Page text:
Technology Coordinator Duties

1. End user systems.  I maintain ~1800 end-user systems (PCs, Thin Clients, Laptops, Netbooks, and iPads.) This includes daily troubleshooting and maintenance, upgrades, software changes, and yearly imaging. 

Every attempt is made to refresh all end-user systems yearly.  Windows images are updated monthly to ensure new systems are as up-to-date as possible.  A FOG server is used to image all windows systems.  Base images are kept up to date on a VMware virtual server.  

2. Servers   NTLS has 23 servers which cover a variety of Operating Systems and tasks. Maintenance of these includes daily upkeep, backups, yearly summer upgrades, data migration, antivirus checking and general maintenance. Servers include mostly Microsoft Windows Servers utilizing Windows Server 2016. Other older server systems and LINUX systems are also supported.

NTLS servers are almost entirely virtual, utilizing VMWare ESXi, machines.  All VMs are locally built with yearly OneNet funds from the state.  

The functionality of servers is segmented per machine so that temporary outages (and configuration changes) only affect single areas.   All systems were built, configured, and installed in-house, providing significant savings for the district.

Server functionality includes:

  • Active Directory/DNS/DHCP servers (two for redundancy)
  • multiple file servers (staff, student, yearbook, and backups)
  • Windows Key Management Service (KMS) 
  • Windows Server Update Services (WSUS) 
  • Print management (Windows and PaperCut)
  • Endpoint antivirus (Symantec)
  • SolarWinds network monitoring
  • Spiceworks helpdesk
  • WordPress multisite blogging server
  • Moodle LMS Server*
  • Koha library management*
  • NTLS Web Server*
  • CCTV Servers (3 physical servers)
  • Unify (Wifi Management)

- Moodle. Moodle stands for Modular Object-Oriented Dynamic Learning Environment. It is an open source (free) alternative to Progress-Book, Canvas, and Blackboard. While it is free, and saves the district $5,000 - $20,000 annually over the paid alternatives.  While it does require administration during the school year, that is minimal. Moodle user accounts are synced through the AD and are updated nightly through a PHP routine that I coded.  Moodle runs on an independent Linux server.  Our LMS is integral to our successful 1:1 in the district.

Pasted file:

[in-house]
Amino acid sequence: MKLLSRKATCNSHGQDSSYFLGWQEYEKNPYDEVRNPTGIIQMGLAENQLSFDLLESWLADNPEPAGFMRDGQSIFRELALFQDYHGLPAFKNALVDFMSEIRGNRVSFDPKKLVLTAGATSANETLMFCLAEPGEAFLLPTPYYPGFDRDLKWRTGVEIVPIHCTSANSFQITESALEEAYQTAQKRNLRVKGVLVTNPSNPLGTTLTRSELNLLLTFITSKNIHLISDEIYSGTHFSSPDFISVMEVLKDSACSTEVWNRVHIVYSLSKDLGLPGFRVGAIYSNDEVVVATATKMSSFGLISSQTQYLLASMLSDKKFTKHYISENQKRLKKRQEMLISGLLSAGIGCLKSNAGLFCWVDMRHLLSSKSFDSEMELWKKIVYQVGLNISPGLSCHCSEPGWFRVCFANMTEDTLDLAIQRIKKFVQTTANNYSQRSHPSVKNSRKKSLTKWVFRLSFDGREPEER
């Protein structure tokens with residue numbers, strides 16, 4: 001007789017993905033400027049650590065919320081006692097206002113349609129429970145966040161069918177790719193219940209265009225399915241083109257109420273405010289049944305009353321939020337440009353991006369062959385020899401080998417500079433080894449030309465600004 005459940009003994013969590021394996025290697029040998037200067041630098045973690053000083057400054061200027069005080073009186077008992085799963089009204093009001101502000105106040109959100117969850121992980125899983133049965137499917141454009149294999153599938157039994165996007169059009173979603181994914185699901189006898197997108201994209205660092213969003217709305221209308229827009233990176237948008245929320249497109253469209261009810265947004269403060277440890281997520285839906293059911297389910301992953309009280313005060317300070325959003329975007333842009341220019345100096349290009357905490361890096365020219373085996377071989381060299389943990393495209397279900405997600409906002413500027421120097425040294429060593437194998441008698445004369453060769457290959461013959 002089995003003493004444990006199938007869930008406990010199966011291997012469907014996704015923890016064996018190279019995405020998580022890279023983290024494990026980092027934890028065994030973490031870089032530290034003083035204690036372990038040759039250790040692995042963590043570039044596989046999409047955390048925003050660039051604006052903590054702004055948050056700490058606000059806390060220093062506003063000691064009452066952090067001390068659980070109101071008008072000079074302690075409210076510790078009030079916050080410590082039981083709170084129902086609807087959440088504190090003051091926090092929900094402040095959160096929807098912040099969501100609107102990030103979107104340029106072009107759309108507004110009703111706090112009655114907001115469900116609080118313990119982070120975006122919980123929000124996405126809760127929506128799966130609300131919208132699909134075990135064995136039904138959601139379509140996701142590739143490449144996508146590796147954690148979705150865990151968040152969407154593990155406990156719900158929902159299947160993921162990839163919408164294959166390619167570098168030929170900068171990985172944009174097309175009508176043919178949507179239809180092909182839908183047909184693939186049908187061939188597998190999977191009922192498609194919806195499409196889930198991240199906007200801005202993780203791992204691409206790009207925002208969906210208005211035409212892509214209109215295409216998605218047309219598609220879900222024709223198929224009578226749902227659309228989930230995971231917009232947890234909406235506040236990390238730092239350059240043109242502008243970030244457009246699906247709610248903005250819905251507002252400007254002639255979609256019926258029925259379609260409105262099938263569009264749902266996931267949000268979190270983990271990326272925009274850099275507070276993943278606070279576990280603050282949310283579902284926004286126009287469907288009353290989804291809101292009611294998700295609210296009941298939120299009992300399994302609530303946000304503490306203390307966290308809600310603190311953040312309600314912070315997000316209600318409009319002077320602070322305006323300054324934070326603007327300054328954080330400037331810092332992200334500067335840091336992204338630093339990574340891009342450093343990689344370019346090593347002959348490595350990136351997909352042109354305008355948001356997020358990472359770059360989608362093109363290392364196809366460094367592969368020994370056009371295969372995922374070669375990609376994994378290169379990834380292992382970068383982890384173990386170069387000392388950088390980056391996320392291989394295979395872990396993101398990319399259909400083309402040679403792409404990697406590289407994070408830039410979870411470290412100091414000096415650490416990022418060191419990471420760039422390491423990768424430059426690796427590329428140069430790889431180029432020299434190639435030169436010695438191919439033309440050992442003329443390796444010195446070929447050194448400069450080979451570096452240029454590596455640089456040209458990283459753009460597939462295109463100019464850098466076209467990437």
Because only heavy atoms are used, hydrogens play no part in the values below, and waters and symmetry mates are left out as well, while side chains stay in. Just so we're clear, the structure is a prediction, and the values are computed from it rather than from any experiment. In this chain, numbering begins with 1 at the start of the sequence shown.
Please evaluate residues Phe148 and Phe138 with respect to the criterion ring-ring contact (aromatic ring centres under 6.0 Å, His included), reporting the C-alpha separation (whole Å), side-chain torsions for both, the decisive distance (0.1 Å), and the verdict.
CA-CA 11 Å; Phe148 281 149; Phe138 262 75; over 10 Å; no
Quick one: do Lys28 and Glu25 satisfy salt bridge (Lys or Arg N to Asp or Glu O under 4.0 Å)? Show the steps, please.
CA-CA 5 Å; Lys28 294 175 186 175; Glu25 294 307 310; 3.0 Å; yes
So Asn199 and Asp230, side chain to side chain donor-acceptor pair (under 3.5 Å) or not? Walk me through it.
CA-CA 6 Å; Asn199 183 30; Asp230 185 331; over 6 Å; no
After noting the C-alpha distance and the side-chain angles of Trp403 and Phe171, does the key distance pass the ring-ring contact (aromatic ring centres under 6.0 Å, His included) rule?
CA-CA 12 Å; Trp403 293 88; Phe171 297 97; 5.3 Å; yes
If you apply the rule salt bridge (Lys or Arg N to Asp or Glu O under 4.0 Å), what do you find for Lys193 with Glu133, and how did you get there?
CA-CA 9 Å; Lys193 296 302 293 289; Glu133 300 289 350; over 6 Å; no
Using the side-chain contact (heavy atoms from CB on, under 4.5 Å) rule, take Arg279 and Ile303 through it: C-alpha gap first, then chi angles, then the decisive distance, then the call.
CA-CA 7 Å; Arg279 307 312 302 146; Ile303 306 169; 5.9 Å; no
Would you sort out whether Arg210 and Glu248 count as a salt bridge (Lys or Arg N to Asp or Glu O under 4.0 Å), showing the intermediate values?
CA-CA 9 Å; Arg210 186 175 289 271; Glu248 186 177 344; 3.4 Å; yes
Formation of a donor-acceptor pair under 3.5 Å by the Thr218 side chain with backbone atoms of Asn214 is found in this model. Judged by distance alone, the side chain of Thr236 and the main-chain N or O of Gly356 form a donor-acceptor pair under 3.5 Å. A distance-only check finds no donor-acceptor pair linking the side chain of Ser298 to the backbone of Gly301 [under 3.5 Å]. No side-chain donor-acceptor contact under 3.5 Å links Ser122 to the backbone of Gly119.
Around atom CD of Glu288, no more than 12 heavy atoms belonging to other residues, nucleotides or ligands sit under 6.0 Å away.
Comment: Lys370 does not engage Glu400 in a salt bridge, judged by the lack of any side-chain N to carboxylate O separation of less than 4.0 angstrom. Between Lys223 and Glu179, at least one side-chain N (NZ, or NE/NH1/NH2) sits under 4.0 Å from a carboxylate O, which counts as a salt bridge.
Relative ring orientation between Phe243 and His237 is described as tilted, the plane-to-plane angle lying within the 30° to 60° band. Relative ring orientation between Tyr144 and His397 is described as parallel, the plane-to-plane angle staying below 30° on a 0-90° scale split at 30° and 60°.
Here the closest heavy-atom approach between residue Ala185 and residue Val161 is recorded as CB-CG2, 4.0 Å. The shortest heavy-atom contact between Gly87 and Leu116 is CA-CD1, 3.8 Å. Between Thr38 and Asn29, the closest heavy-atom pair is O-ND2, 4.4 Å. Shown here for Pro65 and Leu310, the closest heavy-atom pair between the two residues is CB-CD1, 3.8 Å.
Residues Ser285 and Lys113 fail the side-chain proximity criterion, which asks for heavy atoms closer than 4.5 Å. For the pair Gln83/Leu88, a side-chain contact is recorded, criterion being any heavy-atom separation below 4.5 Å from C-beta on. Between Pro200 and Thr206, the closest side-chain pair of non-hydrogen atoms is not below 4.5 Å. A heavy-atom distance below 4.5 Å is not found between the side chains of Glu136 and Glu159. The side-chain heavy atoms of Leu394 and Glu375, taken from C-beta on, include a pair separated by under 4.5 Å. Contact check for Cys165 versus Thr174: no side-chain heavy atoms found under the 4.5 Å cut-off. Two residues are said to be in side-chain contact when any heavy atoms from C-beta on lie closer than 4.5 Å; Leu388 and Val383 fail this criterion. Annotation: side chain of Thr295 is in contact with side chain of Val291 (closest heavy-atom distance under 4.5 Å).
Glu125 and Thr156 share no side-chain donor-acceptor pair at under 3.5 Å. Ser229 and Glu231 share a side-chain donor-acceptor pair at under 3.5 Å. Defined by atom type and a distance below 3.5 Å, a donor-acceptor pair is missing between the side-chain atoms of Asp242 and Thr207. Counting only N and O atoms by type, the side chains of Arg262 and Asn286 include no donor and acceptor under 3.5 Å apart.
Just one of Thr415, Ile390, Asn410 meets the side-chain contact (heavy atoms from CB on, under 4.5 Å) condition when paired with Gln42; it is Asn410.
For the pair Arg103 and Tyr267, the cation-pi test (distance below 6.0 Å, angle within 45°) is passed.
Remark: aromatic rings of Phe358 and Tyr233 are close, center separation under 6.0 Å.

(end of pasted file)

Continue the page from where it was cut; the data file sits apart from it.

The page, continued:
- Koha. Koha is an Open Source Library Management System that I installed in the winter of 2010 as an alternative to several systems the district librarian investigated saving the district $4,000-$23,000 annually. It now runs semi-autonomously with only minor maintenance required as well as occasional summer upgrades. It is used by the NTLS library staff for all checkout and maintenance of inventory. Koha runs on an independent Linux server.

- NT Website. The NT website is maintained as a Moodle-based server that is linked to our AD as well. It is maintained by teachers and group advisors. The website is a modification of a Moodle install (allowing it to work as a content management system) and runs on an independent Linux server.

3. Network Infrastructure.  I maintain and upgrade the network infrastructure. Since first arriving we have done several (state-funded) upgrades that have brought NTLS from a 10Mb network to a 10Gb fiber network that includes site-wide wireless access. 

The network is subdivided into 6 VLANs and a completely separate physical LAN for all security cameras.

The 2012 Blended Learning Grant provided the funds for the high school to go 1:1 with managed wireless in every high school classroom. In August of 2015 we upgraded to the 10Gb backbone and are currently 802.11AC Wifi in every classroom and functional area, including sports fields.. This project was 80% federally funded through eRate.  While all materials were supplemented with eRate, all actual installations and configurations were done in-house.

4. User Accounts. At NTLS all students and staff have login accounts, network drives, and permissions defined by the area they are in. 1200+ accounts are maintained on the servers, which include Windows AD as well as Moodle, Koha, Google Apps, MAP, eSpark, and various other accounts.  All user files are backed up nighly and archived weekly.

5. Grants/funding. I accomplish all eRate applications for the school the brings approximately $50,000 - $100,000 of federal funds into the district. The range is a result of yearly fluctuations in the number of students on the Free and Reduced lunch programs, as well as the items applied for. It is Free and Reduced lunch program numbers that are used to determine eligibility and need by the federal government. NTLS traditionally falls in the 70-80% eRate funded range.  eRate is completed in 4 phases throughout the school year.